This website contains a lot of information on the courses and programs we offer along with a whole myriad of details, but sometimes we get questions that are specific to a given student’s situation or desires. Below we’ve listed the answers to many of these sorts of questions. If you don’t see the answer to your question please don’t hesitate to contact us.
Q: I’ve never, ever studied Japanese at all! Can I still attend your school?
Yes, we have classes for absolute beginners but we do ask that you learn how to read and write hiragana and katakana before coming to Japan. If you practice an hour a day this should only take a couple weeks. See our hiragana and katakana pages for a description of how to read and write HIRAGANA and KATAKANA.
Q: I’d like to study Japanese for a year but I’m wondering if you have conversation-only classes?
Sorry, all students at Yoshida learn how to read and write while learning how to speak and listen.
How big are the classes?
The number of students in a class ranges from 10 to 18 students.
Q: What sort of qualifications do teachers at Yoshida have?
Our teachers are typically university-educated teachers with an abundance of experience, both as teachers and in other professions prior to teaching.
Q: What are the nationalities of students at Yoshida?
Our students come from a wide variety of countries, including Vietnam, Sweden, USA,Italy, Mongalia, Sri Lank, China, Spain, France, German, U.K., Canada, Korea, Brazil, Holland, Belgium, Australia, Maxico, Noeway, Finland, Russia, Mexico, Indonesia, Singapore, Taiwan, Thailand, Malaysia and other(July. 2017.)
Q: Are any of your classes taught in English?
At Yoshida we use the direct method of teaching Japanese so our teachers use only Japanese in all of our classes. However, our office staff can assist you in English when you need help with something outside of school.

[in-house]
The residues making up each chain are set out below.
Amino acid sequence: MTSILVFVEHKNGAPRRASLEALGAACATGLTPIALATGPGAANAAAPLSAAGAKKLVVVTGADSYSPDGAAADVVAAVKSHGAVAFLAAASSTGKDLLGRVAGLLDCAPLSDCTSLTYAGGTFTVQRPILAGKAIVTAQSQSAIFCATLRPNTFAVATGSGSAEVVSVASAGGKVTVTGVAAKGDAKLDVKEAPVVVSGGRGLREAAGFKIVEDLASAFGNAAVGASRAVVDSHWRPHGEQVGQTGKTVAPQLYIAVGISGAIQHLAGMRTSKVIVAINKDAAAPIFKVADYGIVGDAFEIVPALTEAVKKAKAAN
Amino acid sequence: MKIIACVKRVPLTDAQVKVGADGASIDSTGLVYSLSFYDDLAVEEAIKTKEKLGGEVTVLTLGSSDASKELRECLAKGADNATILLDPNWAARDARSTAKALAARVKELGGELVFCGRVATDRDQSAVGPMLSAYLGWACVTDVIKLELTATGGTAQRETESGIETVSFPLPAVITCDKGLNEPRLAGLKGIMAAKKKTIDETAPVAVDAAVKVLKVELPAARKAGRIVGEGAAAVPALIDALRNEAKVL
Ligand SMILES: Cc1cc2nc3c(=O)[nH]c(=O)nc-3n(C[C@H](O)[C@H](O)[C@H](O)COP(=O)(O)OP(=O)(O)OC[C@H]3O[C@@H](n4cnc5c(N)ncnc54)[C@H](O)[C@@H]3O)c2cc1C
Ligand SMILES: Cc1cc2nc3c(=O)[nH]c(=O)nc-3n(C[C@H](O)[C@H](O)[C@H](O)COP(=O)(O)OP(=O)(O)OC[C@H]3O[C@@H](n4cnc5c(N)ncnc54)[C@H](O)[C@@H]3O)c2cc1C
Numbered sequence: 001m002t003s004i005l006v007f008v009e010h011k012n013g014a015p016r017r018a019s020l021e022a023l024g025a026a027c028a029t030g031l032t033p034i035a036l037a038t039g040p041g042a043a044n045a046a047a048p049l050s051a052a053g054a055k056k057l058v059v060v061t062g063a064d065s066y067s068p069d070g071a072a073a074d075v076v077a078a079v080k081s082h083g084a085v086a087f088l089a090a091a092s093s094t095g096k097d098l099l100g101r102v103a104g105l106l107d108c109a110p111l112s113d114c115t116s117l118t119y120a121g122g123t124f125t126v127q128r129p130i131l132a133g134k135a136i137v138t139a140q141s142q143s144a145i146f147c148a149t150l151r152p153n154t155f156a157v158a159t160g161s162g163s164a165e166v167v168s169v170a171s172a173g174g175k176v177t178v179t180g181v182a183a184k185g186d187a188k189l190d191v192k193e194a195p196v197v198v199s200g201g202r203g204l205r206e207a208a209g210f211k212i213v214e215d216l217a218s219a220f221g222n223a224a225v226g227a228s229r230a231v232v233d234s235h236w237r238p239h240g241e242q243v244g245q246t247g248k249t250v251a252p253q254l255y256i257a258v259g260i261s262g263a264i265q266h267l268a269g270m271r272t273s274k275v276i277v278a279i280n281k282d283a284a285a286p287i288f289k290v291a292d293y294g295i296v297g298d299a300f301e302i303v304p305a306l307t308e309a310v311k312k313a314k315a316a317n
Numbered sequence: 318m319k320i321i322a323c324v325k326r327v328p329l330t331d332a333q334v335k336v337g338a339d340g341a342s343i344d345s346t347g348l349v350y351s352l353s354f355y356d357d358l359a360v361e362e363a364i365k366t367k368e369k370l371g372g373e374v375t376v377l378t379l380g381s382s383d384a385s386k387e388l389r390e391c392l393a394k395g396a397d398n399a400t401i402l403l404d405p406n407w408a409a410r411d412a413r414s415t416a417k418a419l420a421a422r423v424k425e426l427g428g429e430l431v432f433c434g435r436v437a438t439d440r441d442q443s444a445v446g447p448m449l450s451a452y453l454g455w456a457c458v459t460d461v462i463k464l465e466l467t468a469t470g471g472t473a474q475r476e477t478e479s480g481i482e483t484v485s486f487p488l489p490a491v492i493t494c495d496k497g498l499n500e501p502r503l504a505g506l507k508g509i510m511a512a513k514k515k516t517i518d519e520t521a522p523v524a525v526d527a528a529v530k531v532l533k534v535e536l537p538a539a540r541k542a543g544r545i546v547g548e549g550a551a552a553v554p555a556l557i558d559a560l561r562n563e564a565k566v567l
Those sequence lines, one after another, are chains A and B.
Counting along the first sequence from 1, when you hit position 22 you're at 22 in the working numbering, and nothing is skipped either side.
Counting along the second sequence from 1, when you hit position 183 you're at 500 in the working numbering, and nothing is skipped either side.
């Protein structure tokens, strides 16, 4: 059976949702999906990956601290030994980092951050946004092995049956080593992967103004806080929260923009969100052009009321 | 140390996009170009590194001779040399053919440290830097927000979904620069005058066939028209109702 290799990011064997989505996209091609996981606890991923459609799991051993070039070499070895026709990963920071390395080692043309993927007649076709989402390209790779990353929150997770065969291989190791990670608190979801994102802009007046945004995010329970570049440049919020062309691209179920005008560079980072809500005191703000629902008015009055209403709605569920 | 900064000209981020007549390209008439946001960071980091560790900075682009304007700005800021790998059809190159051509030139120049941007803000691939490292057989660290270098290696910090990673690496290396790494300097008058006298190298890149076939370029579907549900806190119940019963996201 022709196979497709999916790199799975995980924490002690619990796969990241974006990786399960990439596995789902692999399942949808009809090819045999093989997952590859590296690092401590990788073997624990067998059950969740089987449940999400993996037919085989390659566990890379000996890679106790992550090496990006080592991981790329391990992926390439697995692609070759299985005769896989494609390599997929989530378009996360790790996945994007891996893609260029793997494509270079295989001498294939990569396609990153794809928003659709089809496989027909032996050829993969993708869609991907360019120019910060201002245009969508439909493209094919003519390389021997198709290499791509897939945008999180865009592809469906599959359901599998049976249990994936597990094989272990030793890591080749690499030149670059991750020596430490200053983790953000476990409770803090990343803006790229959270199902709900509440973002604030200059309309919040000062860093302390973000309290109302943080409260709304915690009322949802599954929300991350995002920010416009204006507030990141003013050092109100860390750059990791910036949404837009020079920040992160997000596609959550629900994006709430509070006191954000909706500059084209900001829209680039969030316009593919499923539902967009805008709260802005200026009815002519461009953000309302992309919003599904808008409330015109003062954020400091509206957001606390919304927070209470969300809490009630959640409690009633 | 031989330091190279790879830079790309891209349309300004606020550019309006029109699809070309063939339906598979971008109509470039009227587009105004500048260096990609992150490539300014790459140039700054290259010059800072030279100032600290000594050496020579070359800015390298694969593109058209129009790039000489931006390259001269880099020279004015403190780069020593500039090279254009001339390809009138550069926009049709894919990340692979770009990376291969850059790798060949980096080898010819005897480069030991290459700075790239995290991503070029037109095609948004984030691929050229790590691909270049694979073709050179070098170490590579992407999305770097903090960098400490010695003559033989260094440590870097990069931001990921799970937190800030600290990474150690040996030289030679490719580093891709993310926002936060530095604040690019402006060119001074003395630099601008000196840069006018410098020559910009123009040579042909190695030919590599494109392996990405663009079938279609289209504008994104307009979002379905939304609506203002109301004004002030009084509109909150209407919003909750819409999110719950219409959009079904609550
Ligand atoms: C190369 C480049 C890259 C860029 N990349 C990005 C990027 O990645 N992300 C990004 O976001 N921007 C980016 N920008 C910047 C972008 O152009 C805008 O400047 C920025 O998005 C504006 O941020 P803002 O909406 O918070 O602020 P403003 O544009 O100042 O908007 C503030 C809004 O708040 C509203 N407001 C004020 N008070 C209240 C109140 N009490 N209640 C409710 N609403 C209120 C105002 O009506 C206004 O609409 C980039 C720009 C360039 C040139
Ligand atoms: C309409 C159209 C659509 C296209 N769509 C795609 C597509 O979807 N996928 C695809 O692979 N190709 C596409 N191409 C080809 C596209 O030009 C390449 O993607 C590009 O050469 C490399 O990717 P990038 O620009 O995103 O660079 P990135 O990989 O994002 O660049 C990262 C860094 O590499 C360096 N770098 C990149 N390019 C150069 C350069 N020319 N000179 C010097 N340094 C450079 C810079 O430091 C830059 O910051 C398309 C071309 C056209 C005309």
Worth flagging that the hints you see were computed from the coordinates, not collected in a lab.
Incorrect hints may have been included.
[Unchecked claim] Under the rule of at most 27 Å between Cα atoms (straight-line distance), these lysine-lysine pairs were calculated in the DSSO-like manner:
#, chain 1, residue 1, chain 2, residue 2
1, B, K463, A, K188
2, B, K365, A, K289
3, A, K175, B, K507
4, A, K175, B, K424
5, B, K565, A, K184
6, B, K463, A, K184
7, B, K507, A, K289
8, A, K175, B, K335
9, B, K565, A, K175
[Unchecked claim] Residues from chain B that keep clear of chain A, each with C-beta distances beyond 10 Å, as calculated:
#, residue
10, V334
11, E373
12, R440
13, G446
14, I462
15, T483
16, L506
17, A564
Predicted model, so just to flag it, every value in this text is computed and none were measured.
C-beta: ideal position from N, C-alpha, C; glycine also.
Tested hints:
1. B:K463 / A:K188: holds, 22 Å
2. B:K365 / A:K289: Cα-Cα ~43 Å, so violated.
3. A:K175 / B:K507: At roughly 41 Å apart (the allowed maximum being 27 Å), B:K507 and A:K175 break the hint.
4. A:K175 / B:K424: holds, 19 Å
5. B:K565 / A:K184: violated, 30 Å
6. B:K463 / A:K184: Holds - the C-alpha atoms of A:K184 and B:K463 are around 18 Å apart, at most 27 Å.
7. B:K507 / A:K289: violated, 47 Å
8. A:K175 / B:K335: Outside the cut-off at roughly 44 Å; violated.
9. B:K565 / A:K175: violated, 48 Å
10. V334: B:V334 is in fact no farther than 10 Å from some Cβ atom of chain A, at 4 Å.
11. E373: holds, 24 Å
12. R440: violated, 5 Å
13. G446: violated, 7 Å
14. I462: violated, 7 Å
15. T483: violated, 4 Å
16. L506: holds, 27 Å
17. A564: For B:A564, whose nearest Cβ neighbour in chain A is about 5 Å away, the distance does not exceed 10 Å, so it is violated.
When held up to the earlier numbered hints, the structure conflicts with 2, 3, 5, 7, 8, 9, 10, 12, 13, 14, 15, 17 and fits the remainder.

Q: Is the textbook available with explanations in other languages?
At the beginning level, the textbook we use has an accompanying grammar explanation written in a wide variety of languages – English, French, German, Russian, Thai, Portuguese, etc. The textbooks used in the intermediate classes likewise have a grammar explanation written in English. You’ll find links to these books on our class contents page.
Q: What sort of test to I need to take to enter a Japanese university?
Typically you’ll need to take both the Japanese Language Proficiency Test and the International Student University Entrance Exam. You can find more information on these tests on our test preparation page.
Q: I’m interested in attending a Japanese university. Is there someone who can answer my questions?
Several times a year we have a general school meeting to explain about continuing on to a Japanese university or technical school. At the end of each quarter, students talk about their progress with their instructor at which time they have an opportunity to talk about their future plans.
Q: From elementary school through high school I’ve only studied for 11 years. Can I enter a Japanese university?
Technically no, but depending on the country where you studied a variety of university degrees are recognized.
Q: Can I apply for a student visa at anytime?
The application periods are quarterly — see the long-term page for a complete description.
Q: I don’t know the meaning of a Certificate of Eligibility.
If an applicant wishes to study in Japan, he/she should in principle first obtain a Certificate of Eligibility. The Certificate of Eligibility is issued by the Ministry of Justice in Japan. To obtain a Certificate of Eligibility, the applicant must ask a sponsor in Japan(YOSHIDA) to contact the local immigration office and make an application on his/her behalf. The application must be made by a sponsor in Japan. It cannot be made by the applicant himself.
Q: Who can apply for a Working Holiday Visa?